COPENHAGEN - Denmark's A.P. Moller-Maersk , owner of the world's largest container shipper Maersk Line, has been hit by the global Petya cyber attack, preventing it from accepting new orders.
The cyber extortion campaign, which has disrupted businesses around the world, has also caused congestion at some of the 76 port terminals run by Maersk's APM Terminals unit, including in the United States, India, Spain and the Netherlands.
"Right now, at this hour, we're not able to take new orders," Maersk Line Chief Commercial Officer Vincent Clerc told Reuters on Wednesday.
"It will have an impact on vessels or cargo that loaded yesterday, today and maybe also tomorrow," he said.
He said some delays could not be avoided but declined to say how widespread they were.
Due to limited access to some of its computer systems, Maersk also has problems processing orders taken just before the breakdown, he said.
Maersk could not say exactly when it expects its business to return to normal, he said, adding that it was too early to assess the economic impact.
When the attack began, on Tuesday afternoon in Europe, the company decided to take down a number of systems as a precaution. The company is working on a technical recovery plan, Clerc said.
For now, Maersk is using alternative channels to take orders manually and to communicate with customers, he said.
He said no data had been lost due to the cyber attack, and that the company would be able to resume operations "right away" once the issues were solved.
Paul Tsui, managing director of one of Maersk's clients, Hong Kong-based logistics company Janel Group, said in an email sent to Reuters that "the system of Maersk has been shut down and not able to (be accessed) since late evening yesterday. Therefore, all booking, information submission (..) are affected."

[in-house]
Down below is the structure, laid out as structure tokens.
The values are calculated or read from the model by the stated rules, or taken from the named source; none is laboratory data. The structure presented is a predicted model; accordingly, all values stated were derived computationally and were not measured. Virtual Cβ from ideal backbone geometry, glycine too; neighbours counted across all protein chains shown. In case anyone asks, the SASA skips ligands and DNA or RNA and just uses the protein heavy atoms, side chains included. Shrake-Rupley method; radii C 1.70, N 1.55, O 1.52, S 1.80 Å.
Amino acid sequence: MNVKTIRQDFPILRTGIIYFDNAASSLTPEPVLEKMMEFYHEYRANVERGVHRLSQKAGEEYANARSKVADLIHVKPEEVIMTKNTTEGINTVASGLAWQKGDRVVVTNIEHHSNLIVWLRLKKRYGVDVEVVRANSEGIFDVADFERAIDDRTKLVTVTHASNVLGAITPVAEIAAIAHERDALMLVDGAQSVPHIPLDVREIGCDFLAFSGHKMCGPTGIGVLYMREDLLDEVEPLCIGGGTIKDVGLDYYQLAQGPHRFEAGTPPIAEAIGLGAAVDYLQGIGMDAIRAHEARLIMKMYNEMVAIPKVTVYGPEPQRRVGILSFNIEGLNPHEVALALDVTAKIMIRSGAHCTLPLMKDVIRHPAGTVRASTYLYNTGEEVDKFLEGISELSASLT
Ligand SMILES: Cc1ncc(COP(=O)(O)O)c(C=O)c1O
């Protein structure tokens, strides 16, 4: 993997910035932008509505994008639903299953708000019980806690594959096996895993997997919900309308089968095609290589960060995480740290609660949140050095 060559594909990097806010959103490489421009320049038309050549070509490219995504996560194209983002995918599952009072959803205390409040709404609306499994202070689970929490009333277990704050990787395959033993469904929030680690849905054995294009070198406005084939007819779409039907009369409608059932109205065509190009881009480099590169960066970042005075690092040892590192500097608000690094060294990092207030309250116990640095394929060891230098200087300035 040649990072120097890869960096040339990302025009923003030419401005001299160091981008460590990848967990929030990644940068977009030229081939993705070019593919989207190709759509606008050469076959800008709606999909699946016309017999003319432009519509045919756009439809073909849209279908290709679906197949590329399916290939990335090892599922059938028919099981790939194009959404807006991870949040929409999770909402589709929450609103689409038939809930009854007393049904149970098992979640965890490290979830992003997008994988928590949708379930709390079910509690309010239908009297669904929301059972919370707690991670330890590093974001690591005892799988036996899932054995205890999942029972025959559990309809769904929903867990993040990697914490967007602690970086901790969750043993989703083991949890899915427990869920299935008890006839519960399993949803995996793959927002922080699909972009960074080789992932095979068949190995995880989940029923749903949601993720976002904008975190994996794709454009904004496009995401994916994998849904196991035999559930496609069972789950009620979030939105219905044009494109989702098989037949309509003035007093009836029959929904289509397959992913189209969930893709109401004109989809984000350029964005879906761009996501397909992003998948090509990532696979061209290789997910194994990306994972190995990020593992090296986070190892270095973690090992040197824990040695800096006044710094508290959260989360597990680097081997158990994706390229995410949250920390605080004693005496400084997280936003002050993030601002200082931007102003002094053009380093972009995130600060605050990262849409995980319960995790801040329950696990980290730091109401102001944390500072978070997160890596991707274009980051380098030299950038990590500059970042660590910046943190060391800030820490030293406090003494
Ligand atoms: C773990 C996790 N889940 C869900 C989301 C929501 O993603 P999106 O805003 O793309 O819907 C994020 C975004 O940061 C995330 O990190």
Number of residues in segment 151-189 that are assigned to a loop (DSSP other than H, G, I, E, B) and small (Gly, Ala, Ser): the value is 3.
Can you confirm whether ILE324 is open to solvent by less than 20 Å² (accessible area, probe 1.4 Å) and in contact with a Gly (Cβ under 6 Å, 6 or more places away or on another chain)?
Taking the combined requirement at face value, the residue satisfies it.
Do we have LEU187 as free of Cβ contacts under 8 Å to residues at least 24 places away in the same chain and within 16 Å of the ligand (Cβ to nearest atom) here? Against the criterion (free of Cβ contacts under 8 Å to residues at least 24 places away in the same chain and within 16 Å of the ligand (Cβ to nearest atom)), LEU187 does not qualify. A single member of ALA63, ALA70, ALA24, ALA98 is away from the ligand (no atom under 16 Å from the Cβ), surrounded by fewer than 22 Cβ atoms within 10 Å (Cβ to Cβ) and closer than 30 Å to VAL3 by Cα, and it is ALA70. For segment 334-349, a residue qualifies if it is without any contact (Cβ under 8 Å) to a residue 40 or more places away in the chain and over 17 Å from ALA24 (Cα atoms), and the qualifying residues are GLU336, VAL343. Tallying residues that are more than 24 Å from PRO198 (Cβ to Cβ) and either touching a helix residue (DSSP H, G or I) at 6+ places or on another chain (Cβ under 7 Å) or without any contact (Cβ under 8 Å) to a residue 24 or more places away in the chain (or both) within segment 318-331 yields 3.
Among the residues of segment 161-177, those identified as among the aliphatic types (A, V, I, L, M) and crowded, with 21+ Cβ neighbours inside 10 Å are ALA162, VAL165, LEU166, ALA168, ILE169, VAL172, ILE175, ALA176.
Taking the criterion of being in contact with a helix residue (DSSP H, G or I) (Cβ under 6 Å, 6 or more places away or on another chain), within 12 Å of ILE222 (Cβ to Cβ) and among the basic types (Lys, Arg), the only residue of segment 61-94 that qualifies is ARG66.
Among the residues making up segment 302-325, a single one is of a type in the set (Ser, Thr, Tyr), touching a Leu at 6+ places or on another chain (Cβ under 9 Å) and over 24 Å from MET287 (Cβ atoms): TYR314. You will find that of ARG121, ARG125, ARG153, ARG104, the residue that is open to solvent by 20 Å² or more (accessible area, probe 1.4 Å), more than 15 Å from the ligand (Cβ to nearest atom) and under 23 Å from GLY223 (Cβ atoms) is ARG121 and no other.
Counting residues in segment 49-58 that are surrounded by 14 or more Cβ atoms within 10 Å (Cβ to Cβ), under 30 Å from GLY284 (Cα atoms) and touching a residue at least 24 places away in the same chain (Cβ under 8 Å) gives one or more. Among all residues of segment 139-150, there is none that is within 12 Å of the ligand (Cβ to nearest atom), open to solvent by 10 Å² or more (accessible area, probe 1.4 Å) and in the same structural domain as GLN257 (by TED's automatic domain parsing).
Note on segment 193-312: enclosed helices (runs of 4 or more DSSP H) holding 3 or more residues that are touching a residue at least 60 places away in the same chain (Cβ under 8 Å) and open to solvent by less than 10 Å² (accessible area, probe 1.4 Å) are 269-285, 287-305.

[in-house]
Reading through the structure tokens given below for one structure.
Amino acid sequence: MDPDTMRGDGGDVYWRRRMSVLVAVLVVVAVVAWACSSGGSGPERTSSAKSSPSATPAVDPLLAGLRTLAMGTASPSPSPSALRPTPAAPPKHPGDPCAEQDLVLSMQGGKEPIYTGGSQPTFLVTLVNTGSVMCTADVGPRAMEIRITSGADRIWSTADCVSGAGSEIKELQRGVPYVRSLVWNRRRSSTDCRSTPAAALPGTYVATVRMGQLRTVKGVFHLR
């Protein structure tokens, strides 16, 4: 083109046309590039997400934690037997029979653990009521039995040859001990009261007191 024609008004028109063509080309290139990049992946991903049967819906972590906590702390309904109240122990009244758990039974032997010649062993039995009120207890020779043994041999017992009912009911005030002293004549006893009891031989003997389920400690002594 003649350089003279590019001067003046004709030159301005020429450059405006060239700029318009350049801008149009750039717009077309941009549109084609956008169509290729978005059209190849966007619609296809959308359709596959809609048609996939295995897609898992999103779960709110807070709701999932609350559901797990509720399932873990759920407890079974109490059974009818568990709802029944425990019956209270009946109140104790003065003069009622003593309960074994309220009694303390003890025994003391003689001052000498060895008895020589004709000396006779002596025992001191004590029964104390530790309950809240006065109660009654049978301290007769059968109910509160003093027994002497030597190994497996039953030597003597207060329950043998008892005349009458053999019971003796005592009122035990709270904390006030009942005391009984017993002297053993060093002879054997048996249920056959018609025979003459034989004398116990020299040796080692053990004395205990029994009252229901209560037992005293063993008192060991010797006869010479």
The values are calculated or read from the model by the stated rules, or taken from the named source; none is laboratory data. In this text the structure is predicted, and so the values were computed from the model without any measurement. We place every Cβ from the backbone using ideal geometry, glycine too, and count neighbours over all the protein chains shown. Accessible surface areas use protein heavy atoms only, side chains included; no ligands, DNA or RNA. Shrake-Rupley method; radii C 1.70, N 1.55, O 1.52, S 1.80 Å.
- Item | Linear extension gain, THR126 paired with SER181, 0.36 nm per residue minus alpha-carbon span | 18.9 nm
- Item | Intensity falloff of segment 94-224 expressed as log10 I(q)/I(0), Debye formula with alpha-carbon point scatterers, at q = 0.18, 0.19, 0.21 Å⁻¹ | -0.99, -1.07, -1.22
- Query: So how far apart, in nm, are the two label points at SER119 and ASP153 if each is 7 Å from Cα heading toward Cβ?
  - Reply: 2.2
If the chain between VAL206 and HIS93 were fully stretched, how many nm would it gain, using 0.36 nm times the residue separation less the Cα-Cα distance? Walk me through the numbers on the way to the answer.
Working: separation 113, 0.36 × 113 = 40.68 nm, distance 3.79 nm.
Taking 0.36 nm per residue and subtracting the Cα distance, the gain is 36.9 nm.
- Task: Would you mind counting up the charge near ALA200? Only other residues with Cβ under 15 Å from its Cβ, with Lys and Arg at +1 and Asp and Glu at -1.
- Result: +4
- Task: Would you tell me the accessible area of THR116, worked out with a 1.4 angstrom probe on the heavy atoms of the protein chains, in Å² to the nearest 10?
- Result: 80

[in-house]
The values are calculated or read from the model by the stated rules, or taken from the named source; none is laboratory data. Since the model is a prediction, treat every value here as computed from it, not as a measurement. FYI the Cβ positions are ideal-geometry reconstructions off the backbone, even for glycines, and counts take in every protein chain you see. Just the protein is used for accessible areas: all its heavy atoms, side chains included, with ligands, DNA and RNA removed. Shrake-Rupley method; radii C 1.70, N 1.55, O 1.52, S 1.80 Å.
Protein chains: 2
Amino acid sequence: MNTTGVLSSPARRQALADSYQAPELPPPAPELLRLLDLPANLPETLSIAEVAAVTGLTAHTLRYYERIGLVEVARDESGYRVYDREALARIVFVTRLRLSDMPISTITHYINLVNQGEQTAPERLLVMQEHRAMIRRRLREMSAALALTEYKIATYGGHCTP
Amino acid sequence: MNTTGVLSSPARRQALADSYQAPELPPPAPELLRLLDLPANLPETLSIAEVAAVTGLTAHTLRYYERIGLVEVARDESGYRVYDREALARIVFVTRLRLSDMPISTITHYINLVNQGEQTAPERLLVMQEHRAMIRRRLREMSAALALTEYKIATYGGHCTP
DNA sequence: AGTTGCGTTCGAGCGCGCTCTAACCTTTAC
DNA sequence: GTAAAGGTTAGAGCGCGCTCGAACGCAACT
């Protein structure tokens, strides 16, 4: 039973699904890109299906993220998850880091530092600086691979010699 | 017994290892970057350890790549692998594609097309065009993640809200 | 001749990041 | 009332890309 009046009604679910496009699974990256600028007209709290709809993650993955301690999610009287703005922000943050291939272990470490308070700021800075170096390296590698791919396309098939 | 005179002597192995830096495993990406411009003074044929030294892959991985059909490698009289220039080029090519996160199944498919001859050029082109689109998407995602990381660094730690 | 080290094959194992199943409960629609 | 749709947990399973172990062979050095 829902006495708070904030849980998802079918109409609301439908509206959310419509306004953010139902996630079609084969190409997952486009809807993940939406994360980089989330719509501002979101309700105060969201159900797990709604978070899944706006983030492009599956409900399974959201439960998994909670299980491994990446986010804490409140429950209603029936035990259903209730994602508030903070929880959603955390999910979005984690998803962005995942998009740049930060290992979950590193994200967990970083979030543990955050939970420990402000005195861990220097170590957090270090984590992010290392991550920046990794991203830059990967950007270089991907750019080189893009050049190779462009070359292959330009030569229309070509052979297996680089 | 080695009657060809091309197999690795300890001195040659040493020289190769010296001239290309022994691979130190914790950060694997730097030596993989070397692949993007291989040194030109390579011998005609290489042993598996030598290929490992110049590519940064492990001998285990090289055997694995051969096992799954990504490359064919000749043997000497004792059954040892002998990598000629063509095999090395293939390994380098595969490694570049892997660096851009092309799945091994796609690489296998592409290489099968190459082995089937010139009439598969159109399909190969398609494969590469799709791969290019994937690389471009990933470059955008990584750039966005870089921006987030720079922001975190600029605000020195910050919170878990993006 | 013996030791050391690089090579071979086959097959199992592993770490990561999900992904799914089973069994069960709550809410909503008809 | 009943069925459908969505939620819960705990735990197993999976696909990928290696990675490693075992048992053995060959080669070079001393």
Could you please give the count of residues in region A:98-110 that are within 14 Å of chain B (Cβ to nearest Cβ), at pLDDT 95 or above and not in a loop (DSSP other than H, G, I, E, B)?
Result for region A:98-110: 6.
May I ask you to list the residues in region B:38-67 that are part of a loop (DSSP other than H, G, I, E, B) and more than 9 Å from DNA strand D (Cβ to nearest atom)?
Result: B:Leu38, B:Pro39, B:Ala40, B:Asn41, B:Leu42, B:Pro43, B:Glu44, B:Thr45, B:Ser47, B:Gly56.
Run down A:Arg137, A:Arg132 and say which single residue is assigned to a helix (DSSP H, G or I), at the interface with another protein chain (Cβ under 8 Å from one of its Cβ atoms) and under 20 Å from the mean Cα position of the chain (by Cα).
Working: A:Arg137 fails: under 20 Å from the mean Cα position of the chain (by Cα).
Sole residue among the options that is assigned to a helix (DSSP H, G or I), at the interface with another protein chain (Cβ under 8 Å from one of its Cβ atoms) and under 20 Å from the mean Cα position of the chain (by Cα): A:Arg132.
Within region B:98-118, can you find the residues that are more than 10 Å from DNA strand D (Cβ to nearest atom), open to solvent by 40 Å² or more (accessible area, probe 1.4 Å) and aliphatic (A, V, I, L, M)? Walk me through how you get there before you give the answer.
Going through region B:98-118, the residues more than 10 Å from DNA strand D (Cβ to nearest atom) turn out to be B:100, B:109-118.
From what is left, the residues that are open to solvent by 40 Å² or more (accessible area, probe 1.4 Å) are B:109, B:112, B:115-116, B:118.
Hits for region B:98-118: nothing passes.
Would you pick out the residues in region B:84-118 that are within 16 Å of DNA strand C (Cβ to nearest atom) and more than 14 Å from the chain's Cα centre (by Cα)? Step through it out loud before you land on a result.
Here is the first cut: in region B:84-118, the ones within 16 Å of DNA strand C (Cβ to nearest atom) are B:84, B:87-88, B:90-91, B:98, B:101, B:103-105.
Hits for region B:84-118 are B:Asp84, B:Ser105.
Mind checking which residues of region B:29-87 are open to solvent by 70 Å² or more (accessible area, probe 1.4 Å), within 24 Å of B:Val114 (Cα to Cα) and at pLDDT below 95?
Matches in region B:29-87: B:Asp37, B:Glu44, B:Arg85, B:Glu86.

Sydbank analyst Morten Imsgaard said the situation would not be tenable for Maersk "for many days". "It could have a large economic impact for the company, although it depends on how soon it will be able to get its systems running again," Imsgaard said.
The Danish conglomerate has said that operations at some of APM Terminals' 76 port terminals around the world, including Los Angeles, were affected.
A spokeswoman for the Port in Barcelona said on Wednesday that one of the two big container terminals run by Maersk was affected.
A Maersk-operated terminal at India's largest container port JNPT, near Mumbai, has been disrupted by the cyber attack, the port said on Wednesday.
The Port of New York & New Jersey said in a tweet on Tuesday that APM's Terminal would be closed on Wednesday.
Two terminals in Rotterdam, one of Europe's busiest ports, have also been affected, Dutch broadcaster RTV Rijnmond reported on Tuesday.
(Reporting by Teis Jensen, additional reporting by Paul Day and Keith Wallis,; editing by Jacob Gronholt-Pedersen and Adrian Croft)